The Arabian settlers transformed the coast and even the lowering offshore into a fragrant garden, by planting orange, Mandarin and lemon, cane-sugar, anise and many other spices and jasmine bushes 1200 years ago. The Arabs also brought rice from the Orient. For special celebrations the noblemen themselves ordered snow from the top of the Etna, in order to mix it with good-tasting essences from lemons, oranges and blooms. It was called „sciarba' t "(„schárbat ") from which we enjoy today on hot days the so-called „Sorbet ", while the Sicilians call it „gránite".
Apart from many other culinary achievements of the Sicilians, the Cassata is probably the most classical sweet food of the island with Arab origin, also the fish soup refined with eastern spices as it is served in Trapani, and naturally the Couscous in all it's many tasty forms.
They have been eating salted Ricotta in Sicily for nearly 2400 years, imported from the Greeks who also brought along the honey, preserved olives, grilled lamb and also introduced wine to the islands inhabitants. The Romans, who 2000 years ago spread onto the largest part of the island, brought the filled Sepiolini (little octopus-rings), or the „maccu ", a purée from sow beans, which are soft-cooked with spices and aromatized water. The purée, which is to be only found in the centre of the island today, is finally sprinkled with fresh olive oil and eaten with bread or noodles.
The meat as the most outstanding meal for an island citizen is the expressive rich "veal-roulade" named „farsumagru ",called in former times „rollo "(of „roule "): Referring to the fact that this piece of gloss of the Sicilian kitchen became famous, when the "Anjou" family prevailed on the island. Although the Frenchmen remained only for a few decades, the "veal-roulade" survived until today, as well as „ancidda brudacchiata ": ale, which is cooked in dissolved saffron with ginger, cinnamon, spice carnations and in wine. The Spanish, who were settled for the longes time in Sicily's history, introduced the tomato, Aubergine and potato from South America.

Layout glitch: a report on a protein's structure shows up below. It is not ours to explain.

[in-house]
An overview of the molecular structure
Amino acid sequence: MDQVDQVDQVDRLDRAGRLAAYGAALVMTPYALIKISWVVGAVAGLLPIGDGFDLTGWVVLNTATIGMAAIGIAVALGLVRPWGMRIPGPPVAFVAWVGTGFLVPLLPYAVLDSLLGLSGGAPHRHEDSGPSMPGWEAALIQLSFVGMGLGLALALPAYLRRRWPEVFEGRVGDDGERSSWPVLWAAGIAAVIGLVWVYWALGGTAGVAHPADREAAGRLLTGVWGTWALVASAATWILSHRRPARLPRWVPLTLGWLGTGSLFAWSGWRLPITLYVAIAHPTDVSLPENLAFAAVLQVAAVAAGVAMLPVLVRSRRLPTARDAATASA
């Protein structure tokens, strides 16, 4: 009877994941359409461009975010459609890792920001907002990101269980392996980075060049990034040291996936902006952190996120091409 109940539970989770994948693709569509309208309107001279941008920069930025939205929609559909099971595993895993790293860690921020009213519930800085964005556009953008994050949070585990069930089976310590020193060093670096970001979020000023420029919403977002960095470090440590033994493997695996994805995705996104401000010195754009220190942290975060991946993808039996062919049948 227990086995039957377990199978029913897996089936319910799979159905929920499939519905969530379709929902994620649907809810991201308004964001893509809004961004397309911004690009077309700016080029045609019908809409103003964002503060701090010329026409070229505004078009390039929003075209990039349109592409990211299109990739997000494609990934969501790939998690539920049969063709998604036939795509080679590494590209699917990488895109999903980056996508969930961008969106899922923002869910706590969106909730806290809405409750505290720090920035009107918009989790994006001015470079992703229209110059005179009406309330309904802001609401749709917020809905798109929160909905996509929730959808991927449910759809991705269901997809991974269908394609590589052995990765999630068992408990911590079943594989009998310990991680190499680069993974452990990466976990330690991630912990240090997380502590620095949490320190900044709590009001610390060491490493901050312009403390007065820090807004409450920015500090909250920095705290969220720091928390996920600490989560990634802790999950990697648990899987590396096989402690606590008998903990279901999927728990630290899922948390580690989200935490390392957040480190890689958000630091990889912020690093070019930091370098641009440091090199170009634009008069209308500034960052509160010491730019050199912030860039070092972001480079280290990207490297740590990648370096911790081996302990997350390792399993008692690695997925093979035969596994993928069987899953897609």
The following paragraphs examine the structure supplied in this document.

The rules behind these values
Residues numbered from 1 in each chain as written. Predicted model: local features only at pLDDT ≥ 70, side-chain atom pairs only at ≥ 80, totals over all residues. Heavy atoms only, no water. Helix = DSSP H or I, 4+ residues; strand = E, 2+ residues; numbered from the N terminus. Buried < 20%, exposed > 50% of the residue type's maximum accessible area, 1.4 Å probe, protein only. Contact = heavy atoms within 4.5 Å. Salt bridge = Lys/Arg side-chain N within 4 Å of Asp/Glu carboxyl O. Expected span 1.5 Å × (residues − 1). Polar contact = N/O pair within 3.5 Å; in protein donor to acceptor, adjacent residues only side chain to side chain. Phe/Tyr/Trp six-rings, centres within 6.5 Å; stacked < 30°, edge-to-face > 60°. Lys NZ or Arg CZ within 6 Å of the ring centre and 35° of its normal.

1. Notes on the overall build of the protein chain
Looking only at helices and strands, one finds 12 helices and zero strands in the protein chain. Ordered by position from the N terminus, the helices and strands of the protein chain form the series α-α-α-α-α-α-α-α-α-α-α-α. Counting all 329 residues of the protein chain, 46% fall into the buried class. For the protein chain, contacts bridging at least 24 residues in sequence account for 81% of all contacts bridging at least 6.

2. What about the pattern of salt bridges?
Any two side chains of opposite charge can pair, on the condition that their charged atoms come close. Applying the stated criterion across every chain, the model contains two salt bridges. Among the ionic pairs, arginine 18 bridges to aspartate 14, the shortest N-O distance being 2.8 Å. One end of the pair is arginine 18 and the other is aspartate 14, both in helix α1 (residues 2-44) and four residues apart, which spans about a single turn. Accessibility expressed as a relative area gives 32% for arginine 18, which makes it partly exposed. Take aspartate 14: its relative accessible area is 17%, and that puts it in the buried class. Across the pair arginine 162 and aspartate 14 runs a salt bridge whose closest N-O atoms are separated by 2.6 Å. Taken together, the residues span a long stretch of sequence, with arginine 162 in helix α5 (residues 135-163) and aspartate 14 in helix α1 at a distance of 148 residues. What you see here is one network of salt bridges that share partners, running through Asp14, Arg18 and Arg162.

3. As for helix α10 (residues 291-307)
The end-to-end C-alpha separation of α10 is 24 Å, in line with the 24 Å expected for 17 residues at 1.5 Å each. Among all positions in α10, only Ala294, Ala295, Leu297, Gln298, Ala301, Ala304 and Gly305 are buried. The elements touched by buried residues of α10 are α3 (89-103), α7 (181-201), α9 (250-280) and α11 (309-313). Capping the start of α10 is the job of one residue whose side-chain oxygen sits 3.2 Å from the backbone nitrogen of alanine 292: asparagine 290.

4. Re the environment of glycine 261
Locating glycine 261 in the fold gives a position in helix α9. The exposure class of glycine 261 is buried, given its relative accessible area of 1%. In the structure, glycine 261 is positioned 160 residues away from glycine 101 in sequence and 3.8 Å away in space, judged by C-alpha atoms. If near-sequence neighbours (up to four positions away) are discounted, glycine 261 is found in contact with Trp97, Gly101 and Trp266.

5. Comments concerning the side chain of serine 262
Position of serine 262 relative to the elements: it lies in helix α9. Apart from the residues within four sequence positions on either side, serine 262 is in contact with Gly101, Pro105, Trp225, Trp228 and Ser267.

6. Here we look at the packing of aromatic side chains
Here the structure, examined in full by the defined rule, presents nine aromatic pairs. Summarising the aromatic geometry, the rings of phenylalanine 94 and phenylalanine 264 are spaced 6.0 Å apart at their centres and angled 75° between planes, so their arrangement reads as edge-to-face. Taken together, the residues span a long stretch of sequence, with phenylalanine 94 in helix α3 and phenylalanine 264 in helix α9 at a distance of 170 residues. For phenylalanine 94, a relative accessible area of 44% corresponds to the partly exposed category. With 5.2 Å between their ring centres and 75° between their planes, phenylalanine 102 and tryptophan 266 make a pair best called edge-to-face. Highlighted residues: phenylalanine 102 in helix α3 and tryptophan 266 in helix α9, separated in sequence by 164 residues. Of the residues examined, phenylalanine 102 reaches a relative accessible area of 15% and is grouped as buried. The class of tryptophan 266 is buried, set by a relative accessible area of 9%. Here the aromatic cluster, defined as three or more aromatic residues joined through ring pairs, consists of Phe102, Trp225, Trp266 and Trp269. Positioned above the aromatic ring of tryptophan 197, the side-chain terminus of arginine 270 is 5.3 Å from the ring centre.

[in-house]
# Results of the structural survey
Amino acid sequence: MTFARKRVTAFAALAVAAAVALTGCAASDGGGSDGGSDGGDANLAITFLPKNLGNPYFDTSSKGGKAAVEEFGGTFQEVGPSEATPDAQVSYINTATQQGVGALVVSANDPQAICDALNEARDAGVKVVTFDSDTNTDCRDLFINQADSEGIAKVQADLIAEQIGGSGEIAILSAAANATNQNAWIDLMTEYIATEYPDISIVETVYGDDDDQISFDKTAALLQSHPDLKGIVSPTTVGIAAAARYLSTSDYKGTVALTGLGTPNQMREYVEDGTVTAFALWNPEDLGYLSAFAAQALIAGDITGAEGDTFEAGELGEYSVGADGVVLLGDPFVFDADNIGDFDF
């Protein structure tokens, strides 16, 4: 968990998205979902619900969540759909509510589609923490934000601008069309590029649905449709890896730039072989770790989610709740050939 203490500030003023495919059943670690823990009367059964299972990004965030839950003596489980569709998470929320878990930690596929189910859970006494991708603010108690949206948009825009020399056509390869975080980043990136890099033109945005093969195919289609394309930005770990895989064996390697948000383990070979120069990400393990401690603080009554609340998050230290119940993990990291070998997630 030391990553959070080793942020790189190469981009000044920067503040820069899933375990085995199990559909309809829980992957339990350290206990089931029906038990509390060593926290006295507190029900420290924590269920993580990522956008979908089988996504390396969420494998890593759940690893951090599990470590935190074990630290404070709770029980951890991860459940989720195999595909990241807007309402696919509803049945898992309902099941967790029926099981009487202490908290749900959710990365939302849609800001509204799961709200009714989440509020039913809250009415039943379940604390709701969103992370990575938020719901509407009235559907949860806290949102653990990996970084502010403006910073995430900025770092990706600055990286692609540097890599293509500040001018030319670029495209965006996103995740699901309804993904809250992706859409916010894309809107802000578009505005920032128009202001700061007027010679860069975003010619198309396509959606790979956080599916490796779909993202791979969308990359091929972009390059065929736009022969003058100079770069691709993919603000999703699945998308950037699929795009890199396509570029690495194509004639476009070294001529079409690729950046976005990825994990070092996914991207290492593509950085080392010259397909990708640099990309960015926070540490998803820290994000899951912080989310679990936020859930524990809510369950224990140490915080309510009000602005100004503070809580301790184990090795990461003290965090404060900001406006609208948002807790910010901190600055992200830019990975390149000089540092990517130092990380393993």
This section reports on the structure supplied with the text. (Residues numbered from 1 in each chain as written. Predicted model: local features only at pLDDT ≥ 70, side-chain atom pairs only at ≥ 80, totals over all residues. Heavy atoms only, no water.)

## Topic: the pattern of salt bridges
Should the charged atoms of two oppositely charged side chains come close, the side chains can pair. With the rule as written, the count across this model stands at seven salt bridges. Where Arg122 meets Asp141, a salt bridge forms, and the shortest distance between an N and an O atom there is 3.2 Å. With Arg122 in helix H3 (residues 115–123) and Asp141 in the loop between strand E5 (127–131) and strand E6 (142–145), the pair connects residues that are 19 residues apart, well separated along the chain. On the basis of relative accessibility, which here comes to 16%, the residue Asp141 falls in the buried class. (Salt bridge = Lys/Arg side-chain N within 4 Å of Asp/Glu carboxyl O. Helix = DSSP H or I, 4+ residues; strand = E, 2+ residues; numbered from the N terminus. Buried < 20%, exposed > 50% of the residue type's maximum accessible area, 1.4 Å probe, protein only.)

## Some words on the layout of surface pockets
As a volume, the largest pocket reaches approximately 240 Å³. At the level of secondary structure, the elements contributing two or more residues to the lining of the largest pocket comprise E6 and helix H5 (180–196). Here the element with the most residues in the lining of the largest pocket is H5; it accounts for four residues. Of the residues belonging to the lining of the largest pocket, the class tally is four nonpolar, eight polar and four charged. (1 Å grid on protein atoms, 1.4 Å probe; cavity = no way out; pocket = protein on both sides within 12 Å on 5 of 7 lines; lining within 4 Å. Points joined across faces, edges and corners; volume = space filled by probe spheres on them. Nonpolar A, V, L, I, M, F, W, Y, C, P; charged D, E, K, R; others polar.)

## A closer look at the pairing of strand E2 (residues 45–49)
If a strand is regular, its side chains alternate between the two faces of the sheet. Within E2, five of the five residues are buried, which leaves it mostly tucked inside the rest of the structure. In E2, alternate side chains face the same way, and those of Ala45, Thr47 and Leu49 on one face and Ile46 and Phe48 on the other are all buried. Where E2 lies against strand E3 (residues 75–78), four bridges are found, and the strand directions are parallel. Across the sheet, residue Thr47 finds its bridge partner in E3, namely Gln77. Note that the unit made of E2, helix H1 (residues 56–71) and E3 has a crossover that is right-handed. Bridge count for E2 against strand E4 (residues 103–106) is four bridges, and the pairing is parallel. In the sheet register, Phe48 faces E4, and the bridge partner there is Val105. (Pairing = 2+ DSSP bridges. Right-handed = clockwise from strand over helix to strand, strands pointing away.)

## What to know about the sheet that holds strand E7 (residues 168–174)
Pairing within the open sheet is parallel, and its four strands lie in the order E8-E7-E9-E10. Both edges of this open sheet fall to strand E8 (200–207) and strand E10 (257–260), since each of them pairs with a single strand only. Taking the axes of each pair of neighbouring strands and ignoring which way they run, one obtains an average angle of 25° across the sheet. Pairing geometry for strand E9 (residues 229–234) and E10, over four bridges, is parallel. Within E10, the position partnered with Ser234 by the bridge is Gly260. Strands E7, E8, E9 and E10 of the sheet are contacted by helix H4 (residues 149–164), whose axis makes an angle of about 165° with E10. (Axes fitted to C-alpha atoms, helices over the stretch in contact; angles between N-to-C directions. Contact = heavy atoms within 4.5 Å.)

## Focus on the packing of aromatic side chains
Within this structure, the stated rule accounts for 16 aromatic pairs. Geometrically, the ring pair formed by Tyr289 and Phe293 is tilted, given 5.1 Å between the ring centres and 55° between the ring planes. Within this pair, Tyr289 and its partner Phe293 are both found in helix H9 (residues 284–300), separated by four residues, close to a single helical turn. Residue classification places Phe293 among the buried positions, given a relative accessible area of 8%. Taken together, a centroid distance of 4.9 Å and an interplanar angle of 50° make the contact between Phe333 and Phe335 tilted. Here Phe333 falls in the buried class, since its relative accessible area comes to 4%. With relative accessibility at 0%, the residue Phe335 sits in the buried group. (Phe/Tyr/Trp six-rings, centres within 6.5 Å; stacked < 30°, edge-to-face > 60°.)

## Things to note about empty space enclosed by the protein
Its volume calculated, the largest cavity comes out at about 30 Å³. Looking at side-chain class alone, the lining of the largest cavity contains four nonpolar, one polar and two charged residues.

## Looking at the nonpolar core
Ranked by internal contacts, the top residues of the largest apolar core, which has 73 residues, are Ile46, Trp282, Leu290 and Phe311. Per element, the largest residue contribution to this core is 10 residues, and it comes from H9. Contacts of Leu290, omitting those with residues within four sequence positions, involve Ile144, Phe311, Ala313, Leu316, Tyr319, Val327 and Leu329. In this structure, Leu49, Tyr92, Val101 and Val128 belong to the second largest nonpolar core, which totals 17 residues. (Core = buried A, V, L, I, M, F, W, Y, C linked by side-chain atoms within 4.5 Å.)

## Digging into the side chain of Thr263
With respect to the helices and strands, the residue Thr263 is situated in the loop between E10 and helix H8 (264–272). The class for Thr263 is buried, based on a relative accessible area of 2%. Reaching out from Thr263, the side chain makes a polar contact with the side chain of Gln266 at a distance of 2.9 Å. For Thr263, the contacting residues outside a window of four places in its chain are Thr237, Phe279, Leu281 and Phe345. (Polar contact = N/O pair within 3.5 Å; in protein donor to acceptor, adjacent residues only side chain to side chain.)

The art of cooking in all it's details has played an important role in Sicilian history. Around the time of Christ's birth a Sicilian man called Laoduco, opened a kind of hotel management school with the approval of the Greek rule. The school offered to train you as a cook in return of payment. Also the probably eldest example in the world of a cook-book (Prescriptions to prepare) originates from Syracuse, Sicily.
There is a documentation to the subject 'the Sicilian cook', written over 2000 years ago by the Greek writing Sicilian named Miteco. The occasion was a dispute over the chef Trimalcione who probably came from Gela and about whom much of Greece argued his cooking to be too refined. Arguments about chefs continued until modern times, even during bad times no spiritual or noble man ever wanted to do without a good kitchen hence such disputes have survived.
Although only some statements referring to the variety of the Sicilian kitchen exist, we would nevertheless note that the Sicilian kitchen is probably the oldest in Italy and very probably one of the most varied kitchens in the world. Particularly in Palermo you find these varieties at every step and turn, be it whilst strolling through the markets of the old part of town, in the famous bar „Santoro "close Porta Nuova, in „Mazzara" with the Piazza Ungharia or in elegant „spinnato"in the pedestrian precinct between via Ruggiero the Settimo and via Roma. There are several restaurants that strive successfully to maintain these culinary traditions.
So for instance in Palermo „Lo Scuderia "(Viale del Fante 9), „Gourmand' s (via della Libertá 37e) or "Friend' s bar" (via Brunelleschi 138); in Monreale "La Botte"; in Santa Flavia "La Muciara - Nello El Greco"; in Cefalù "Ostaria del Duomo" or "La Botte"; in Trapani "Taverna Paradiso" (Lungo Mare Alighieri 22); in Enna "Centrale" (Piazza 6 dicembre 9); in Agrigento "le Caprice" (strada panoramica dei Templi 51); in Syrakus "Archimede" (via Gemmellaro 8) or "Don Camillo" (via Maestranza 92/100). Finally we would still like to mention three restaurants in the suburbs of Palermo: First on „the Delfino "in Sferracavallo and the „ Gabbiano "in the bathing village Mondello, both for their exeptionally fine fish kitchen. Further to this the Charleston in Mondello is one of the most beautifully located hotels in this world, a white radiating Art Nouveau hotel, which was opened 1913. It is built on a pier in front of the one kilometre-long beach, with the Monte Pellegrino in the East and to the west the Monte Gallo.